Interesting Facts About Guitars
Stringed instruments have been used for centuries with stone carvings first revealing that existence in ancient Asian cultures. Tanburs, setters and sitars were the basis for the modern guitar, itself descended from stringed instruments that became popular in 12th century Europe and later spread to the Americas. The word guitar ultimately stems from an old Persian term and is word that also has its basis in Greek, Arabic and modern European languages. The modern 6-string guitar emerged by the 18th century and, today, may have eight or more strings.
1. A fine family — Today’s guitars comprise an entire family of stringed instruments including acoustic, classical, bass, flamenco and electric guitar versions. Steel or nylon strings may be used with as few as four strings featured, but no more than a dozen found.
2. Body styles — Guitars all look alike, right? Well, on closer examination you will notice that there are a variety of body styles. Dreadnought and Concert Classic are the most common while Jumbo, Artist and Nex are other styles.
3. The wood difference — Take two exactly the same guitars and use different woods and you can have a difference in tone and voice. You’ll pay more for solid hardwood, but you’ll enjoy a richer tone and an instrument that is less prone to cracking. Softer hardwoods are more affordable and include walnut, mahogany and maple. Koa and nato are also used.
4. Guitar parts — At first glance, a woodwind instrument such as a clarinet may appear much more complex than a guitar. On closer scrutiny, most every guitar is much more complex and is comprised of numerous parts including its head, turning keys, a fingerboard, nuts, frets, upper and lower bouts, strings, soundboard, sound hole, a rosette, saddle and a bridge.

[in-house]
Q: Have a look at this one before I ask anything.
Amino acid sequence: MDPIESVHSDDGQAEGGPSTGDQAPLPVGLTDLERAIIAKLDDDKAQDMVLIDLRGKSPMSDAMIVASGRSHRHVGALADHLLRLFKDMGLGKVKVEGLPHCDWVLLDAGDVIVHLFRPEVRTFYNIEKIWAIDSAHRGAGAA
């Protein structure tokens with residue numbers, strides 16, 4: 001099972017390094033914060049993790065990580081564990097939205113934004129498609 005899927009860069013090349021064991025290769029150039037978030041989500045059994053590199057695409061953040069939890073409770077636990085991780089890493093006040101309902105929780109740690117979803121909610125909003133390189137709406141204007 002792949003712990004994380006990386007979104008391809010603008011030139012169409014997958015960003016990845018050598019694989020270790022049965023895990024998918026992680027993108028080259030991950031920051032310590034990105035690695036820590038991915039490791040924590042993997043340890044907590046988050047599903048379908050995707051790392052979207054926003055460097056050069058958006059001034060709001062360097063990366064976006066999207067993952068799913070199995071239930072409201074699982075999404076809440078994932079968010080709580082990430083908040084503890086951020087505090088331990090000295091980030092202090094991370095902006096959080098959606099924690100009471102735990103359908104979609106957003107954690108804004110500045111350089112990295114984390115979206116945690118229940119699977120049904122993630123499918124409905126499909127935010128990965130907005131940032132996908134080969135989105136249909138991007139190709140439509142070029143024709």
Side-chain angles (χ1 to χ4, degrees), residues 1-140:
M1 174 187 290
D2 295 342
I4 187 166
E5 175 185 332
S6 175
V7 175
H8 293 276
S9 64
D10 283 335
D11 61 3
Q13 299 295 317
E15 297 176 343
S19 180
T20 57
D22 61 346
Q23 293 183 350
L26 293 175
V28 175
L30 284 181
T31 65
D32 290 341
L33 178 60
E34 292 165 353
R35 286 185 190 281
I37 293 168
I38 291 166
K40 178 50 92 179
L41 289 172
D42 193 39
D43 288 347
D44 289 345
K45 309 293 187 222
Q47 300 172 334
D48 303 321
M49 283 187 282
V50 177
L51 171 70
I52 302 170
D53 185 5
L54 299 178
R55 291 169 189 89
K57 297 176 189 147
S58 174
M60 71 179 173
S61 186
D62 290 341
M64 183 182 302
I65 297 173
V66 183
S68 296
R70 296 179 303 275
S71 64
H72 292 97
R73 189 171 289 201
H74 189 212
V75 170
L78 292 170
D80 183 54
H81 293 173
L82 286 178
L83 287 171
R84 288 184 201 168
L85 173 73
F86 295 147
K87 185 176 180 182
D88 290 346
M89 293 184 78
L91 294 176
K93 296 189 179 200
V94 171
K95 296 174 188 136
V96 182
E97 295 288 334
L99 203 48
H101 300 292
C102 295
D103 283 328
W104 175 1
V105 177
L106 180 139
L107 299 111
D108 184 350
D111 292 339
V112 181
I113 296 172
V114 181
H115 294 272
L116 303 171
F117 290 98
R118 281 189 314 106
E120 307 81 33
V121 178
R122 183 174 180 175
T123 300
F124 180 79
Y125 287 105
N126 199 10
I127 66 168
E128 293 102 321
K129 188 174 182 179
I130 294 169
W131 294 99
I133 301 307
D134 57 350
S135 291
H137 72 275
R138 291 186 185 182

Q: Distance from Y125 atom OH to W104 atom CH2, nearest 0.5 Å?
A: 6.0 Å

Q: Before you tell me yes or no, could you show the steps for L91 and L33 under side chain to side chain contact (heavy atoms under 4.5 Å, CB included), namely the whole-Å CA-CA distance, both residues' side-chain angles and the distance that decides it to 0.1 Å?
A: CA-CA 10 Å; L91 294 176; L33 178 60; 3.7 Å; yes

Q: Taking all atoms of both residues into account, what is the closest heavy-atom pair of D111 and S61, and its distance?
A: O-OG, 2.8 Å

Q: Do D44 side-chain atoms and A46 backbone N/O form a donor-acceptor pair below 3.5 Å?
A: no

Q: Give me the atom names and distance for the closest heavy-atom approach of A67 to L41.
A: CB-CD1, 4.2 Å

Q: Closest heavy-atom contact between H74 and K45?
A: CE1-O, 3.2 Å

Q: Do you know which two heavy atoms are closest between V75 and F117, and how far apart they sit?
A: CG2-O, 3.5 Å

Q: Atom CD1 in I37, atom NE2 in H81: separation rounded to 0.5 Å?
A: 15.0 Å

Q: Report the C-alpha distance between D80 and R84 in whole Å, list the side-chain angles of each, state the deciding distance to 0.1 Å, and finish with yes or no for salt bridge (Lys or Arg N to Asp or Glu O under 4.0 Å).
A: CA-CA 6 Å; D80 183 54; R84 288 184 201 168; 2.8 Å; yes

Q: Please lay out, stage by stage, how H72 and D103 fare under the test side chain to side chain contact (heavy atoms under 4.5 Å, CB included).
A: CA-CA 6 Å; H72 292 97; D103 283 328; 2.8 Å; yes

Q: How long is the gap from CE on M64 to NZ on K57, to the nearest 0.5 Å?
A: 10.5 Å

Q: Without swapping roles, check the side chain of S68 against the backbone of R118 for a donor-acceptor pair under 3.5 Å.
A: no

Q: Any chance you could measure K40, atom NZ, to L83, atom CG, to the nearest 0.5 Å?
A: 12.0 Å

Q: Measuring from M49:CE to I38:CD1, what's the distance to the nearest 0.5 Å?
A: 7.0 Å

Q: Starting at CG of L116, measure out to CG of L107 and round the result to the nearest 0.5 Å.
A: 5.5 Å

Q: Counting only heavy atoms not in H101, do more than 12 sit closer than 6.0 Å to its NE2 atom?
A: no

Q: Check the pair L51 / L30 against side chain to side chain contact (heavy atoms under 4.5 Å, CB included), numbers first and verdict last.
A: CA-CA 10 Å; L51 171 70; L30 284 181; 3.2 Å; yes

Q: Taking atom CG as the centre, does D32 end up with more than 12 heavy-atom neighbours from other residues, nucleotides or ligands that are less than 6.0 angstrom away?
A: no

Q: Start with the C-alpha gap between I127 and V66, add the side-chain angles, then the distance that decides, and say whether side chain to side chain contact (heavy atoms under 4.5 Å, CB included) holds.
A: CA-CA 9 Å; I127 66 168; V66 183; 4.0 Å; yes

5. Most expensive guitar — New guitars can be had from under $100 with better guitars priced from $200 to well into the thousands. In 2005, an Asian Fender Stratocaster guitar was sold for $2.7 million at an auction in Qatar. That auction raised funds for Reach Out to Asia, a charity benefitting tsunami victims. Look closely at the guitar and you will see that the signatures of many famous musicians grace its face including Eric Clapton, Mick Jagger, Sting, Tony Iommi, Jimmy Page and David Gilmour.
6. Jimi Hendrix’ guitar — Guitarist Jimi Hendrix overdosed on drugs in 1970 with some wondering what happened to his signature 1968 Stratocaster guitar. It turns out that Microsoft’s Paul Allen purchased the guitar in 1998, paying an even $2 million for the legendary rocker’s sweet-sounding guitar.
7. Bob Marley’s guitar — Jamaican Bob Marley was an avid guitarist, but he only owned seven models, a low number for most professionals who typically own dozens to well over 100 guitars. Marley’s custom-made Washburn 22 series Hawk guitar is the most valuable one and is worth up to $2 million. The Jamaican government classifies this instrument as a national asset.
As with any musical instrument, guitar competency is achieved by extensive practice. You can work with an instructor directly or teach yourself. Some websites offer instructions that can help students grasp their lessons with ease.
To learn how to play a guitar also means familiarizing yourself with the instrument itself as mentioned earlier. Learn the various fret positions and practice daily for at least a half-hour, developing an ear for sound, pitch and intonation. Learn to play along with some of your favorite songs, frequently returning to the spot in the song where a defining chord is played. Gradually work in complete songs and continue to build your guitar playing skills with disciplined practice.
University of Hawaii: Buying an Acoustic Guitar — http://emedia.leeward.hawaii.edu/frary/buying_an_acoustic_gtr.htm
The Telegraph: The 10 Most Expensive Guitars Ever Sold: In Pictures — http://www.telegraph.co.uk/finance/newsbysector/retailandconsumer/9131748/The-10-most-expensive-guitars-ever-sold-in-pictures.html
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